You should make sure that your agency or consultant has experience with sites of your type, both industry (eg fashion), size (eg small or large), and the technologies your website uses.

Services vs consulting.

Some agencies are “strategy” agencies in that they put together the strategy for you, in collaboration with your team, and then rely on your team to implement with their guidance.

Others are more “full service” and can not only put together the strategy but also execute on the work themselves instead of relying on your team to implement.

In order to know which type you need and how to ask the right questions, you first need to know if you have the ability and team internally to do the work or if you need your agency to do the work themselves.


Marcus Miller








~ SEO Consultant specialising in technical SEO. Wearer of a silly hat. Husband, father of 3 kids. Lover of my family, board games, video games & the Rocky movies.

BowlerHat.co.uk // Twitter

It is always tough to answer these kind of questions in a general way. We often have very specific needs yet a very high level or general question.

Ultimately, when you are hiring an agency you have to ensure they are a good fit.

SEO in and of itself is a very umbrella term. If this is your first step into the world of SEO you need some consulting initially to know what is practical and achievable.

It’s all good and well thinking you want to rank for terms thrown at you by the board but is this achievable? If so in what time frame? Strategically is this correct?

No business wants SEO when it comes down to it – SEO is just a marketing tactic.

The business has a specific objective and the first job an SEO agency or consultant should do is determine how organic search can be used to help you achieve your goals.

If the agency has integrity, they will give feedback on if they think your goal would be best suited to social, paid search or some other activity.

Ultimately you want a proven agency that can demonstrate long-term results with similar projects and that operates with complete transparency – this should not be too much to ask.

Which of course leads us directly into what you should avoid, which is that there are plenty of agencies out there that will promise the world and never deliver the goods.

There is a whole spectrum of problems here from SEO agencies that have no real grasp of marketing strategy to those that are (still) using out of date and frankly dangerous strategies to rank your site.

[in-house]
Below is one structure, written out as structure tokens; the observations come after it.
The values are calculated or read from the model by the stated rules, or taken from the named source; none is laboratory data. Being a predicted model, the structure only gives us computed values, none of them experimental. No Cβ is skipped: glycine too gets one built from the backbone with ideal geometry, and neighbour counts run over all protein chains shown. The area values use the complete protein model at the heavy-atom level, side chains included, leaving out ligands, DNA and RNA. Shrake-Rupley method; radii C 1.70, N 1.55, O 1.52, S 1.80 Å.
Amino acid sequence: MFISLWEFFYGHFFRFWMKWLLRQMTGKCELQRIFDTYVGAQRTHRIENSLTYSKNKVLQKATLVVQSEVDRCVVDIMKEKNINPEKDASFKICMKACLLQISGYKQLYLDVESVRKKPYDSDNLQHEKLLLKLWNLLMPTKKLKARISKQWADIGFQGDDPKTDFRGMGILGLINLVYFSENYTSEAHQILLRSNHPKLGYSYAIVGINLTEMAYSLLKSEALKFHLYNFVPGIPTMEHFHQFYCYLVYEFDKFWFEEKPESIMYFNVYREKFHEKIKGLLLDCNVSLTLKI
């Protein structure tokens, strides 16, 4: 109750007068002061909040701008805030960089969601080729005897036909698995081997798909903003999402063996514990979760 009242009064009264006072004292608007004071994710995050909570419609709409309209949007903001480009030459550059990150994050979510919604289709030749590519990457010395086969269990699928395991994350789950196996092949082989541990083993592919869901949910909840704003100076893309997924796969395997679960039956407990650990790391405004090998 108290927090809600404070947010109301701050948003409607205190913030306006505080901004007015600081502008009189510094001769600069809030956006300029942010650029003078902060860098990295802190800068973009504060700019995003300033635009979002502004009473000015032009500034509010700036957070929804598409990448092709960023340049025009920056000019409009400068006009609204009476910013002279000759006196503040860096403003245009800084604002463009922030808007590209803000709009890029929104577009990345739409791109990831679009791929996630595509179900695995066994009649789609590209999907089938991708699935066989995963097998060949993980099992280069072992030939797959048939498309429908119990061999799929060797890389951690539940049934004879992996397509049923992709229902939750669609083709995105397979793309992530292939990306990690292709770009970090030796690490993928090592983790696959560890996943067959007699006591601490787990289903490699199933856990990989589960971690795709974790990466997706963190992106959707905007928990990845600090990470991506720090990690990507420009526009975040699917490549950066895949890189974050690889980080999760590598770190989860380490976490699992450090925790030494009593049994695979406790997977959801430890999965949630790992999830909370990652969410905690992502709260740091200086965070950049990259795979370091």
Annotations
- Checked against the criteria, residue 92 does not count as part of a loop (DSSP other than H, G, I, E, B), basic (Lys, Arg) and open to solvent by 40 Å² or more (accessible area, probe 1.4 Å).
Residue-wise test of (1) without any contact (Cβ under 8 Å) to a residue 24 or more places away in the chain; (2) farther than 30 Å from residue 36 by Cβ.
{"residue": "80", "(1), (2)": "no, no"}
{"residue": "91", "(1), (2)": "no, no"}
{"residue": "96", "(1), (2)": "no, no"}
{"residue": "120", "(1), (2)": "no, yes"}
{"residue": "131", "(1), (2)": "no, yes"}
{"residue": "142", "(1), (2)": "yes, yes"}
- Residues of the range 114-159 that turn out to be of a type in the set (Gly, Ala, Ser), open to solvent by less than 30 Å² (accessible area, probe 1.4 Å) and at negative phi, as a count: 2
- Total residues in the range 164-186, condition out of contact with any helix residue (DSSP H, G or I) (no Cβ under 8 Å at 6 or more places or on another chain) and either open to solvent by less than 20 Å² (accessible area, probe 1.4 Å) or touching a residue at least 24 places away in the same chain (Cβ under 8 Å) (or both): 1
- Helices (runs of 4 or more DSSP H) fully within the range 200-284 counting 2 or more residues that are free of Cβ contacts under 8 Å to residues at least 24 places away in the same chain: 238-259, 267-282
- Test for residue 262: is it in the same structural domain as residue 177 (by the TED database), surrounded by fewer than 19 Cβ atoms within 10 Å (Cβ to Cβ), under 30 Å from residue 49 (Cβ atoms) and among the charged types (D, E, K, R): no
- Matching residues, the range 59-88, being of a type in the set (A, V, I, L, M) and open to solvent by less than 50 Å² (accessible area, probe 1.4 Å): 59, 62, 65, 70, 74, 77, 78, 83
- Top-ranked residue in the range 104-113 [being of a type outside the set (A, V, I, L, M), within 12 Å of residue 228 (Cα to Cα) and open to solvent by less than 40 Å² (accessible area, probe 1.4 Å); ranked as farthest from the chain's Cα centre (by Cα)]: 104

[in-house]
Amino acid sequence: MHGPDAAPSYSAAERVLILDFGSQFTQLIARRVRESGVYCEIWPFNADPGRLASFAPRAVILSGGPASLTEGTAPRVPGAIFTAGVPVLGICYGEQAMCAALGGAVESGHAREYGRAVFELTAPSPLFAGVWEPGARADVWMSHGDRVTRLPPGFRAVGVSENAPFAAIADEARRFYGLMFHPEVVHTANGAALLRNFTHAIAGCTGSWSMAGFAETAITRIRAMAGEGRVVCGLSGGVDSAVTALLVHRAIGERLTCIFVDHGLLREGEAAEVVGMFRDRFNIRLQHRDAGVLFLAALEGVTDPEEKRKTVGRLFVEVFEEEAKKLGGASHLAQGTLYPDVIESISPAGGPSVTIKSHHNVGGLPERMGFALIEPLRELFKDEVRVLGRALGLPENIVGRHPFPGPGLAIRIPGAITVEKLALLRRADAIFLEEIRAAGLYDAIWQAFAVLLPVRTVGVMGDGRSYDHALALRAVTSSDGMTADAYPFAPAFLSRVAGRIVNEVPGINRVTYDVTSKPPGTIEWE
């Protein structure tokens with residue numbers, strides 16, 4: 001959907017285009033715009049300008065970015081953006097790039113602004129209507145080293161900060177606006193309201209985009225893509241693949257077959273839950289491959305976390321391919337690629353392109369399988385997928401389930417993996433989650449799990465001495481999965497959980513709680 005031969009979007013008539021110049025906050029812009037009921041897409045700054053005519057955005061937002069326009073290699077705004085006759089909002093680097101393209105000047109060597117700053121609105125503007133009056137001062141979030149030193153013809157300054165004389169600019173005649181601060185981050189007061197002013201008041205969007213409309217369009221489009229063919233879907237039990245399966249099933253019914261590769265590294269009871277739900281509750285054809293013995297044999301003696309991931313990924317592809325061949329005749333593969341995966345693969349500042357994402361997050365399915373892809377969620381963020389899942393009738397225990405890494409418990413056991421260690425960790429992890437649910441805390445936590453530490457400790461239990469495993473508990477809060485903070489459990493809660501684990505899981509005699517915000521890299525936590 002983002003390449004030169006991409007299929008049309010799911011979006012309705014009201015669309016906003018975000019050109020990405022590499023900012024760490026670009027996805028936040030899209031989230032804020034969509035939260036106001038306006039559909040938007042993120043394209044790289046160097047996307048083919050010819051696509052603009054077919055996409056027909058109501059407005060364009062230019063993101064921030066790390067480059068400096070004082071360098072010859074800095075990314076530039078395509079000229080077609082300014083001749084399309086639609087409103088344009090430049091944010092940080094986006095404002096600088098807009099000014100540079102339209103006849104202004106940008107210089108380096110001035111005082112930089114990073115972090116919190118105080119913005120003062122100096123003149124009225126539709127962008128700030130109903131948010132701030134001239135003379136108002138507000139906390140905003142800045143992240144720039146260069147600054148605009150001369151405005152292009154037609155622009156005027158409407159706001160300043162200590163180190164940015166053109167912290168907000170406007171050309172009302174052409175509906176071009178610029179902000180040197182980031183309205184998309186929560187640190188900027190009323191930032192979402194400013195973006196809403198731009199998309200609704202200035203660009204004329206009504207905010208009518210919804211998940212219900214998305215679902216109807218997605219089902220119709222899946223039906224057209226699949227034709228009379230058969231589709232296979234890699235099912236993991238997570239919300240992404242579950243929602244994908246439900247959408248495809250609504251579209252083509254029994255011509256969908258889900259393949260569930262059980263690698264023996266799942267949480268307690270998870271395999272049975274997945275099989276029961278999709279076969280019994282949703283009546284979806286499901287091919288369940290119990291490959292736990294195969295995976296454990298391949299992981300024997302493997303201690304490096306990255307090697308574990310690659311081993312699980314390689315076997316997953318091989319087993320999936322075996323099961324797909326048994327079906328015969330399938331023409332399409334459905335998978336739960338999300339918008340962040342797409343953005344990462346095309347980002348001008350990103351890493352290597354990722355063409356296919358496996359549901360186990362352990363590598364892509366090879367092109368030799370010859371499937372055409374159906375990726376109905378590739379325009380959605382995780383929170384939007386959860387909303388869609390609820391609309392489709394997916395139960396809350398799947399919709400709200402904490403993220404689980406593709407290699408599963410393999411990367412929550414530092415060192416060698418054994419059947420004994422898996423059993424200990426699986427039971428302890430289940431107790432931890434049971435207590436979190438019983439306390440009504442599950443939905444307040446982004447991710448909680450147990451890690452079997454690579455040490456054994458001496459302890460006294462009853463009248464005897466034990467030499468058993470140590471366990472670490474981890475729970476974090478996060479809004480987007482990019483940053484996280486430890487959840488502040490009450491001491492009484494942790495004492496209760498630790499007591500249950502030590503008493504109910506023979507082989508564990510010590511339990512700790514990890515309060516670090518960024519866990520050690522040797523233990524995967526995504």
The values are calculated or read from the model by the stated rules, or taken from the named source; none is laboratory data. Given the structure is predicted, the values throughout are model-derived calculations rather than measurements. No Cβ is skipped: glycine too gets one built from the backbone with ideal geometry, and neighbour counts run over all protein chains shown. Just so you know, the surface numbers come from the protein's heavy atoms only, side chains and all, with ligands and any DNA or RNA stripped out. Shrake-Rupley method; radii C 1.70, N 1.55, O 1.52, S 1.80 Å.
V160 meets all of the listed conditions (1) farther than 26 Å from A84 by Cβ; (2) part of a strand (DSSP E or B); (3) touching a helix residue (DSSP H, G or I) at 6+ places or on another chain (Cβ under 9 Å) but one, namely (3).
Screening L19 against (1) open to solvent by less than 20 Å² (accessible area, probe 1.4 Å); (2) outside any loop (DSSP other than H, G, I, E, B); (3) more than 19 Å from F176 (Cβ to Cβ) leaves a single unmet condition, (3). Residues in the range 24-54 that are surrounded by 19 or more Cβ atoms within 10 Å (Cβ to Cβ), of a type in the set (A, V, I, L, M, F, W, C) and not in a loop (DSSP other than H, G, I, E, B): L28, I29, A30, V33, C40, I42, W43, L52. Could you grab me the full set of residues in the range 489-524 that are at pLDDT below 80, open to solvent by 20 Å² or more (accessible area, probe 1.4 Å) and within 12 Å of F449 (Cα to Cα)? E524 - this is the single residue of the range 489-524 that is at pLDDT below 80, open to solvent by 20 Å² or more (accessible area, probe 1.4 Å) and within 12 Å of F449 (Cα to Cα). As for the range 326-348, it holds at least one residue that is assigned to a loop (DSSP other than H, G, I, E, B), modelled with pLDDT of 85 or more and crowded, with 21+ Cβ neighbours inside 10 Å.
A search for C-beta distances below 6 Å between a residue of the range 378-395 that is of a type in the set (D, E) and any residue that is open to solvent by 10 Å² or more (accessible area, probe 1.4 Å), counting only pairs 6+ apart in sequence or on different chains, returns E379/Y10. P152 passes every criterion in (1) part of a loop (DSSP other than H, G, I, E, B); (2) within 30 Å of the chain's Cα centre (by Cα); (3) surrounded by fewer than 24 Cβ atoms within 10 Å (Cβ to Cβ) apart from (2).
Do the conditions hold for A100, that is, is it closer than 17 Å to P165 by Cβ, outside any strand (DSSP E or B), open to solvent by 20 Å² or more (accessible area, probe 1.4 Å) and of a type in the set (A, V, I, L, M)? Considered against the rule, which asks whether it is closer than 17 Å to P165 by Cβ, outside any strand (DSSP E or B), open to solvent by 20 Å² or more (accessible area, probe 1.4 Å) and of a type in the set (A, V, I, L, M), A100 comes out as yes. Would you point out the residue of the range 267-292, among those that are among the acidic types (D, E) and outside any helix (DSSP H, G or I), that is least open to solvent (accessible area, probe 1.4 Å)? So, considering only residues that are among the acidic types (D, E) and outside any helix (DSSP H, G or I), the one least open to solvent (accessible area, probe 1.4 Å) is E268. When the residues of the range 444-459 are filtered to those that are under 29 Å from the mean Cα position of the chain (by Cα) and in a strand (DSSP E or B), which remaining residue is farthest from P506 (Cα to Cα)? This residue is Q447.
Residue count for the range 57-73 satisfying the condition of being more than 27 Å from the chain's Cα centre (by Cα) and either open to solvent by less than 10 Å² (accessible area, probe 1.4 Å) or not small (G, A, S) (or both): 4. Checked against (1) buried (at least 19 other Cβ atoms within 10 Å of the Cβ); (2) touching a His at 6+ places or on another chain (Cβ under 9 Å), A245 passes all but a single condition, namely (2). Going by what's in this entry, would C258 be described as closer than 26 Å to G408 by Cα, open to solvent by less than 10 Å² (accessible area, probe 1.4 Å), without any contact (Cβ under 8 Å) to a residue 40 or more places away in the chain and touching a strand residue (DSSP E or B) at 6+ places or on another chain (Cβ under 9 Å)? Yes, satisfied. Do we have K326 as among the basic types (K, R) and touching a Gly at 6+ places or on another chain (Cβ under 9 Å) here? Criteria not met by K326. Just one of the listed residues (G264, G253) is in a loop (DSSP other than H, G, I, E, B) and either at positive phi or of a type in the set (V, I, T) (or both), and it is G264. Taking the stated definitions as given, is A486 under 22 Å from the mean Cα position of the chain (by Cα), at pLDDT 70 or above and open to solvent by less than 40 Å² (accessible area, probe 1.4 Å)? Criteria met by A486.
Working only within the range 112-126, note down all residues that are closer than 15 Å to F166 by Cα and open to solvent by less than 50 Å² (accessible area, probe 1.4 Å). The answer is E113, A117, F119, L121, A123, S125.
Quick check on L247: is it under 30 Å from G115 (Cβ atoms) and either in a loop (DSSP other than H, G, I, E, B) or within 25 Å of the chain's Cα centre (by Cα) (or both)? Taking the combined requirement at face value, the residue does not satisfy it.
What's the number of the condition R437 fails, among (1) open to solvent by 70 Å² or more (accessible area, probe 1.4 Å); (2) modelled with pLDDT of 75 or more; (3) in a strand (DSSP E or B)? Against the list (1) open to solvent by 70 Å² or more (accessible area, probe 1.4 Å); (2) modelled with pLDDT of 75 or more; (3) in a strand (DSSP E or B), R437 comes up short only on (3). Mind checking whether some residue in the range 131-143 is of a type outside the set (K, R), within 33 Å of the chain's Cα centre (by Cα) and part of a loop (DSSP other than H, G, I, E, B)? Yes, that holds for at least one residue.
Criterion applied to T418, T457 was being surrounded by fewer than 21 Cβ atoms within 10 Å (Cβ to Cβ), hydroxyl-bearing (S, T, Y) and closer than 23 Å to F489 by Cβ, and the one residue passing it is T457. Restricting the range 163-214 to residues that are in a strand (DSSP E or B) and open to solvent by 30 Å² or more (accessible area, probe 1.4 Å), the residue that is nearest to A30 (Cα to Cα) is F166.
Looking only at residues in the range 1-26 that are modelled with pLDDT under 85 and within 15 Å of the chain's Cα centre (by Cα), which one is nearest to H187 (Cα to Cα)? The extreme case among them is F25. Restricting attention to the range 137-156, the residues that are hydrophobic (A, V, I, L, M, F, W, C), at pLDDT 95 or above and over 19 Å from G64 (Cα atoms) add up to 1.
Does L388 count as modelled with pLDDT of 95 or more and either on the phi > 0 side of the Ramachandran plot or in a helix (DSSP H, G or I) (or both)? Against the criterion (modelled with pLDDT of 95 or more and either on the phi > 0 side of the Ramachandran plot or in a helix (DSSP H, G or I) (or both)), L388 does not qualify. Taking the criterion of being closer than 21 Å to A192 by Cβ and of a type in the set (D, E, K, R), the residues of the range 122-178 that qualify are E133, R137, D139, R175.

All too often smaller agencies will fly a white hat / ethical SEO banner whilst focusing on strategies like PBNs that are easy to scale yet risky and clearly against Google’s guidelines and all too often can be easily labeled as a link scheme.

Somewhere in the middle, we have the graphic design agencies and the like that just bolt on SEO as an extra revenue stream and outsource it to the lowest quote.

There are so many problems with the link building side of things that really educating yourself as to how this should and should not work is just so, so important.

So in many ways who to hire and who to avoid are related. You are looking for an agency with a solid reputation. An agency that won’t use black hat strategies.

An agency that operates with complete transparency. An agency that has demonstrable experience and consultants who clearly walk SEO like they talk SEO.

Also, where possible, look for an agency led by someone known and respected within the industry which never hurts.

You then have to just map this to your own requirements – are you a big ecommerce firm that needs technical SEO? Are you a small business that needs local SEO?

Are you a national that needs digital PR and authority building?

Understand your requirements and do your homework and you won’t go far wrong.


Marie Haynes








~ Completely obsessed about Google Penalties and algorithm changes…Penguin, Panda, Unnatural Links and diagnosing the reason for a site’s traffic drop.

MarieHaynes.com // Twitter

My work with sites that have been penalized or demoted by Google’s Penguin algorithm has shown me what happens when a company hires an ineffective SEO company.

Many times I have heard a business owner express regret that they did not do their research before hiring an SEO to help promote their business online.

I have a small handful of SEO companies and individuals that I personally trust to do good work. For those who are vetting out new companies, I give the following advice:

-Ask for references.

A good SEO company will have several businesses who are raving about them.